My neighbors return from the canoe trip and cook the fish they caught for dinner. Same as Saturday night – two couples away on a brief vacation. We chat as the sun sets and the wind picks up. I marvel at the inexpensive $16 camping fee when the cheapest motel room would cost more than double that. But my neighbor corrects me. He remembers the days when camping in state parks was free. Then it was $3. Then it kept inching upward to its current total. Gone are the days when Americans could enjoy the splendor of their state and national parks gratis.

The wind sweeping through the canyon hasn't died down and I only have two tent stakes holding my tent in place. I call Pam from the only spot in the entire campground that has even the slightest bit of cell phone reception. When I return to my campsite, some tourists from Denmark and my neighbors are worrying about my tent, which looks like it's about the blow away. My neighbors kindly offer four extra stakes and the use of their hammer. Now my tent isn't going anywhere.

During the night I hear two packs of coyotes talking to each other. Between their howls, the odd birdcall, and my half-asleep brain creates a swirling mesh of noises I've never heard before. It's truly disorienting. Later I regret not popping my head out to see the midnight sky. My neighbor tells me the stars were brilliant.

Rest of Trip

The rest of the trip

You may have noticed I've hardly mentioned eating. I've been lucky enough so far to eat with kind strangers or my friend's family in Utah. In Cheyenne, Wyoming I stop at my first restaurant – Poor Richard's. It's a Benjamin Franklin-themed establishment and I sit at a booth with a portrait of this famed American patriot staring at me from the wall. The restaurant is in my AAA guidebook. When you're on a tight budget and food money is short, you come to trust and value AAA's recommendations. I only stop at one other restaurant during the trip – a nice sit-down place in Des Moines, Iowa with the best homemade salad dressing I've ever had.

Cheyenne. Wyoming's capital. Bob told me it's a hardscrabble city all the girls are desperate to flee from. I bet the gender ratio heavily favors men. I see a billboard that pairs the words “Construction work…it's not just for men” with a picture of pink work boots. That says it all. I make a special visit to the state capitol building and admire its dome.


A few hours later I cross into Nebraska and the moment has come. I find Bruce Springsteen's album “Nebraska” on my iPod.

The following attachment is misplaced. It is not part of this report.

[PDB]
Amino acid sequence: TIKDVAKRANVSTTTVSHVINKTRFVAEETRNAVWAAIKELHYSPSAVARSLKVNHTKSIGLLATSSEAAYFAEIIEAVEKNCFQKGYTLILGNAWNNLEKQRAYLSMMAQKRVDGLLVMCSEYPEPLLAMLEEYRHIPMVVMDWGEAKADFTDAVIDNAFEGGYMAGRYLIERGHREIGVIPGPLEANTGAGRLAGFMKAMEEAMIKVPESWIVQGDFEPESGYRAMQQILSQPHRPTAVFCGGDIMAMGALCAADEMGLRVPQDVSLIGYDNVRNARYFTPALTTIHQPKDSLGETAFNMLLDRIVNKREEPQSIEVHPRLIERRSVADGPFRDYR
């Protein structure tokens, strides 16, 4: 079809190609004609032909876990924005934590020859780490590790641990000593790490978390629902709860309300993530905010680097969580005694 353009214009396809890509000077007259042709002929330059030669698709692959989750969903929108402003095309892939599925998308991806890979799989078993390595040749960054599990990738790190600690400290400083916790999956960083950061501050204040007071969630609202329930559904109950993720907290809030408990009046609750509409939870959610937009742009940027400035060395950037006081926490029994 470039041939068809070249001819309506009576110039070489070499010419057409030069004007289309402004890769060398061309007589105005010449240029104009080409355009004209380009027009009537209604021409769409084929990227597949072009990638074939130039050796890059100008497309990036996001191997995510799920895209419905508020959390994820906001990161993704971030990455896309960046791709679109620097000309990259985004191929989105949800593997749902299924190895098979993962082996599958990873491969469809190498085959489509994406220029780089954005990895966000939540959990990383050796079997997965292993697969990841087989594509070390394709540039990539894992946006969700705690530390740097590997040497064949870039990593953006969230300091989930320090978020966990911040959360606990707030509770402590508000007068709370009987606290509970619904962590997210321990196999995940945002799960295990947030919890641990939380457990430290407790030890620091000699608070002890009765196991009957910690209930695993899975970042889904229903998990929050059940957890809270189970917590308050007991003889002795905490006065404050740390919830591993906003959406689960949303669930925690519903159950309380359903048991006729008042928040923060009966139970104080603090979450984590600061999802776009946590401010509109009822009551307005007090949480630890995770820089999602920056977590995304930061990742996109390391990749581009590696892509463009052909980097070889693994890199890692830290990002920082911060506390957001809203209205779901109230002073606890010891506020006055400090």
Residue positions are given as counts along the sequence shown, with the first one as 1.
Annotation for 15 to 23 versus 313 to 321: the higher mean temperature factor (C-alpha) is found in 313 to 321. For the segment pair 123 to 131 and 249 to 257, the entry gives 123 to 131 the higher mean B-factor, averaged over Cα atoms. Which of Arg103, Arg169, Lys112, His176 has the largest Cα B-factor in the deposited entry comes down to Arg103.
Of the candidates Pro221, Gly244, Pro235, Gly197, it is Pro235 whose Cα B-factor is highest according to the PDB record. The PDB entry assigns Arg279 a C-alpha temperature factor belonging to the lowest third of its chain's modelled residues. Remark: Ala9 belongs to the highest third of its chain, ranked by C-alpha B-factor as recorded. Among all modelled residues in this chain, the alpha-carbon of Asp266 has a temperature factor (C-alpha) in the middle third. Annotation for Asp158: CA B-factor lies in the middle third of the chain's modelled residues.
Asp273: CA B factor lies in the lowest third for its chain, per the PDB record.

Mister state trooper, please don't stop me
Please don't stop me, please don't stop me

Just a few miles past the Wyoming/Nebraska border I see an ominous black cloud in the distance. I feverishly hope I-80 is not directly in its path. Sure enough, however, I soon encounter a ferocious downpour. There's a 45 second stretch where I can barely see the car in front of me, I'm too afraid to turn off onto the shoulder or exit, and I'm not sure I'll live to see my wedding day. But it soon passes and I breathe a sigh of relief vowing never to drive directly toward a black cloud again. Later, while listening to Nebraska Public Radio, I hear about a tornado warning for two towns just north of where I was. Welcome to the Midwest.

That experience marks the climactic end of the exciting portion of my trip. During the last half of the trip I drive almost entirely during daylight hours with a few short breaks sprinkled in. I'm hesitant to drive after sundown. And, sadly, no more camping for me. I make overnight stops in Grand Island, Neb. (where I give in and stay in a motel) and Chicago (where I stay with college friends).

I arrive in Buffalo road weary but proud that I have a solo cross-country drive under my belt. Now a worried mom and bride can stop worrying. The wedding goes according to plan and I'm a married man just like Uncle Jesse – minus the skydiving drama, of course.

If you're going to go:

Join AAA: Buy a membership for AAA and take advantage of its TripTik service. AAA will help you plot out your route and has plenty of guidebooks on camping, hotels, points of interest, and restaurants. Plus many businesses offer discounts to AAA members that may even pay for the membership in time. Also if you need roadside assistance, AAA will pay for the towing, which covers the membership fee right there.

Consider Auto Driveaway: Obviously it's cheaper and easier to do a cross-country drive one-way. My advice is to use a service called Auto Driveaway. Say a family has a car in Seattle but is moving to Pittsburgh and doesn't want to ship it or drive it themselves. They'll pay a small fee to Auto Driveaway to find someone willing to drive it for them. Sometimes the owners even include money for gas. All you have to do is buy a plane ticket from your destination back to your origin once your trip is over. Pam and I have done it twice and it worked well each time. Check out for more information.